“It is surely a move in the right direction that bondholders take the rough with the smooth,” said Darling. “That it can be done shows things are better financially.”
Indeed, regulators are increasingly insisting that bondholders have “skin in the game” when the issue of bank failure arises.
“The Dodd-Frank Act is extremely clear that future rescues of [US] institutions can only be done without putting in taxpayer funds,” said Sullivan & Cromwell’s Cohen. “Instead, management must be replaced – and debt-holders must suffer losses.”
Indeed, CS’s Ervin suggested that a government rescue in the US was now all but impossible.
“If a US bank failed today, is it really plausible to think Congress would vote for a bailout? It’s hard to imagine that we would see any path besides an investor bail-in now,” he said. “You might also see some cases where a voluntary deal is struck with bondholders in advance, in order to avoid a formal resolution being forced on them, as in the Co-op bank situation in the UK.”
Without question, international co-operation – particularly across the Atlantic – remains a major question for regulators seeking to make global banks safe.
“What happens to a large US institution with a big London operation?” said Ervin.
“The Bank of England has said it is happy for the US to resolve such banks, and will ‘stand aside’ so long as legitimate UK interests are protected – for example to ensure that sufficient liquidity or capital is down-streamed to support local UK operations,” he said.
That did not happen when Lehman failed and Ervin said the Bank of England’s position was “fair enough”, with its proviso that it would take control if funds were not getting through.
“Aligning incentives for governments is perhaps even more important than formal agreements,” Ervin said.
“In 2008, one of the big problems was that government treasuries were being asked to contribute taxpayer funds – leading to tough negotiations around so-called burden sharing. That was a big problem in 2008, and something that a private capital bail-in avoids altogether.”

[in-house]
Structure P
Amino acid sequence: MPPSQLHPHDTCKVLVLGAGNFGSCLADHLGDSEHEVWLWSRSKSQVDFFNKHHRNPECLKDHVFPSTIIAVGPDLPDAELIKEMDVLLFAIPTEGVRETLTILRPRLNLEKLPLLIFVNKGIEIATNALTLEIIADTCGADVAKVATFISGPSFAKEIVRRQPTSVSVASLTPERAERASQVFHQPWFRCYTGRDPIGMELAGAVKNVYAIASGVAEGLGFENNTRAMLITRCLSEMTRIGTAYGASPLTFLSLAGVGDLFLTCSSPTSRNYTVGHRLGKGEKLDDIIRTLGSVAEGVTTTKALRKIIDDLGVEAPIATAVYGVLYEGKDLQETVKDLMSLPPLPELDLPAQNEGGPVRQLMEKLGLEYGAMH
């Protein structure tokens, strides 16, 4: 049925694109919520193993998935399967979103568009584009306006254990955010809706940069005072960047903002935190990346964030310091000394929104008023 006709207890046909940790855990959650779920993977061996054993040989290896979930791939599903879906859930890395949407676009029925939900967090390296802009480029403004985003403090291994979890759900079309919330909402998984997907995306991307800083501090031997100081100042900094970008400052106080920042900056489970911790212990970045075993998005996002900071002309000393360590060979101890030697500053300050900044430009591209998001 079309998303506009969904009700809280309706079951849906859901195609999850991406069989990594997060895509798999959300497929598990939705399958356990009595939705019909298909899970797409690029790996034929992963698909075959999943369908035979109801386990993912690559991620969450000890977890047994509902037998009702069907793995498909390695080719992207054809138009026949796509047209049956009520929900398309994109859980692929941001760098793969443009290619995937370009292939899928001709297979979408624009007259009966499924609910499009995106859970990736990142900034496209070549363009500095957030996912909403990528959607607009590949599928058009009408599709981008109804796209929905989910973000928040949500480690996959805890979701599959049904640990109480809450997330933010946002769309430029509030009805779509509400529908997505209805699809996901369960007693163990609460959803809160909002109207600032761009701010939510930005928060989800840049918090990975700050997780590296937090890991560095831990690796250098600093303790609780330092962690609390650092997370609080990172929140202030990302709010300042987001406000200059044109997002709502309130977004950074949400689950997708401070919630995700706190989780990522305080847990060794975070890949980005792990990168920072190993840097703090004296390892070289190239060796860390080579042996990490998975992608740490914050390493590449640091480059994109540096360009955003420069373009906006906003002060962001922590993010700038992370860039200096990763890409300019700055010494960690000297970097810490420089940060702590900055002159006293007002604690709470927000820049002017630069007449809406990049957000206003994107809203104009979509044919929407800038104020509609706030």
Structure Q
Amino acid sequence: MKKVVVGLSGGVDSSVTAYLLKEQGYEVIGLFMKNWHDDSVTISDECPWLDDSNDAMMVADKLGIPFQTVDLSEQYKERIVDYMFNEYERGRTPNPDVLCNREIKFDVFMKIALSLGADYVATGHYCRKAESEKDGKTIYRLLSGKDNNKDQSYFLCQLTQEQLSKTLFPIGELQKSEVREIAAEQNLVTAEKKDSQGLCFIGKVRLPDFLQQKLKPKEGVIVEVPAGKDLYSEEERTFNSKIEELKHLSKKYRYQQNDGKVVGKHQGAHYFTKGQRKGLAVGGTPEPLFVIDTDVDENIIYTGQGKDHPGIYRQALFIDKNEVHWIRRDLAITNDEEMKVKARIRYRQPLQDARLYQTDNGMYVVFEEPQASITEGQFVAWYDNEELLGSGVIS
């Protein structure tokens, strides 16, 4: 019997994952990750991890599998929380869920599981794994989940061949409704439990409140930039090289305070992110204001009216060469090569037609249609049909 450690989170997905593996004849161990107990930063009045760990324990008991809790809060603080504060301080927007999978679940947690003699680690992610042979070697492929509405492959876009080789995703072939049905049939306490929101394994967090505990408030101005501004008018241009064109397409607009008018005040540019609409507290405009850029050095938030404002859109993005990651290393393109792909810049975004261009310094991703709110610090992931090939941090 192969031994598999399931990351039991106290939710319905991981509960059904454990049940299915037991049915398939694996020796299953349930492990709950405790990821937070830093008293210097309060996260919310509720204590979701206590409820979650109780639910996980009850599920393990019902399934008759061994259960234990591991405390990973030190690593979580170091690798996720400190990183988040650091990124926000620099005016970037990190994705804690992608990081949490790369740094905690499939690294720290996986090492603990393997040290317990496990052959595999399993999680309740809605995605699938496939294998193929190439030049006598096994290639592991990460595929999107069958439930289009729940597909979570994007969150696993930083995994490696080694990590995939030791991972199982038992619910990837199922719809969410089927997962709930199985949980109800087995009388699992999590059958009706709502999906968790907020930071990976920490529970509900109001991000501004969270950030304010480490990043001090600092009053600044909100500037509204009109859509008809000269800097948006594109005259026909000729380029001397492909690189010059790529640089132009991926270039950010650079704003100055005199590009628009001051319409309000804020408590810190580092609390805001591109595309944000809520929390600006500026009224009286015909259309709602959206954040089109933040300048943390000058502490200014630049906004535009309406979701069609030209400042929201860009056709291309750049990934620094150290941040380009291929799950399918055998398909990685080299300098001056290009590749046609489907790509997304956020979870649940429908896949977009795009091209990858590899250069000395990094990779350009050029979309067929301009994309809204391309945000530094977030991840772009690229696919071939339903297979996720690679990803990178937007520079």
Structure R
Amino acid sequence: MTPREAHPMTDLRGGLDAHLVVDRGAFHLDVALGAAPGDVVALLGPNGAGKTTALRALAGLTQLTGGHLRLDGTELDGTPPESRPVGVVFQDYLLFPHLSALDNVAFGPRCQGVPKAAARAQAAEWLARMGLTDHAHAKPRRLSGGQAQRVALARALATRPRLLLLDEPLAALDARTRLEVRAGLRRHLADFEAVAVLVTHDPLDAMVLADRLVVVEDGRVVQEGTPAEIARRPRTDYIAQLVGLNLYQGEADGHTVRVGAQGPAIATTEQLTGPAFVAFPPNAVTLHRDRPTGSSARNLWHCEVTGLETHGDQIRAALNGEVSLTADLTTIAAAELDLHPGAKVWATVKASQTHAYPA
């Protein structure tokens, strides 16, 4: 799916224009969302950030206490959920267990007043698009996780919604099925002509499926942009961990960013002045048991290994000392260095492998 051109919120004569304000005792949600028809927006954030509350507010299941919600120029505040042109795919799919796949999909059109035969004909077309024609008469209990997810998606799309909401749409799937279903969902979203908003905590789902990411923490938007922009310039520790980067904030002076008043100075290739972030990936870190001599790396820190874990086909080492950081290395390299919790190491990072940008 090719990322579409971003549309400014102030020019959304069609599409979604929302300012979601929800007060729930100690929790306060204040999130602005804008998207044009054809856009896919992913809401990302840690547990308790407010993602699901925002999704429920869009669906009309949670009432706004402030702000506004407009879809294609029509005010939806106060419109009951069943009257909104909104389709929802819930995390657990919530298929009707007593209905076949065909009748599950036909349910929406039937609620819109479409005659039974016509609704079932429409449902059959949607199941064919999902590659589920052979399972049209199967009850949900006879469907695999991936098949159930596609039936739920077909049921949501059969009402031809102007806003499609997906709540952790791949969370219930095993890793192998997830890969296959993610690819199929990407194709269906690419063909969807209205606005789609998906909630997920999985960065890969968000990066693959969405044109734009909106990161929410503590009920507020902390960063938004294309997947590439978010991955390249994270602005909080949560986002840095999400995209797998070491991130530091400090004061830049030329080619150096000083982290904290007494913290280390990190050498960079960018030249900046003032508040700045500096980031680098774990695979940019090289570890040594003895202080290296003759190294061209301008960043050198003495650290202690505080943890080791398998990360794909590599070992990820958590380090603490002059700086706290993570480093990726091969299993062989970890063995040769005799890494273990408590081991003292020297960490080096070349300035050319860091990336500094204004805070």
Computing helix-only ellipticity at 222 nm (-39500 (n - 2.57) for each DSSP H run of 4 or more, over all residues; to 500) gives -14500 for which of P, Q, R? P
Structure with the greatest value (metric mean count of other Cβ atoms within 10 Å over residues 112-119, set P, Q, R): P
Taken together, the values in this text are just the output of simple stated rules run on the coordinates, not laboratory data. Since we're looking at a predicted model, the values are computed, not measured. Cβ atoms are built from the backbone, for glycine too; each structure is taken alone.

With investors increasingly realising they are at risk, they appear to be doing a better job of playing their part. They have become more discriminating about the investments they make, and more discerning over the kinds of banks in the market.
“There is a dramatic difference in funding costs between banks in 2007 and those after the crisis,” said Simon Samuels, European banking analyst at Barclays. “In 2007 there was virtually no difference between a strong bank like HSBC and a weak one like Anglo Irish. It had been 60 years since a significant banking crisis.”
“Now there is more differentiation in financing costs, for example, between banks in the south and north of Europe. Nowadays bondholders have to assess banks more like equity-holders always have.”
Ervin said this increased level of discrimination was reflected in the market. “The market doesn’t treat the big banks as too big to fail in terms of special spread advantage anymore.”
Board with their jobs
Darling said another improvement was that bank boards were now paying proper attention to what goes on.
“Board members realise they are not just there for the lunch now. They are there to ask serious questions. And it is being realised that it is a big challenge for boards to understand what is going on. Banks are only as strong as the people in charge,” he said.
Bill Rhodes, former vice-chairman of Citigroup and the co-author of a recent G30 report on bank boards’ relationships with supervisors, shares the view that internal supervision is key.
“Capital and liquidity are all-important in ensuring the safety and soundness of banks,” Rhodes said.
“However culture, particularly risk culture, is also of extreme importance. In addition to having a strong management team, it is also essential for these purposes to ensure that boards of directors have strong oversight.”
In the end, the scope of all these changes may have made it unlikely for another crisis to hit – an admittedly daring idea just five years out from the global financial meltdown.
“Practical risk factors have been reduced,” said Sullivan & Cromwell’s Cohen. “Capital levels and liquidity levels are much higher, and supervision is much tighter. Banks are considerably less vulnerable.”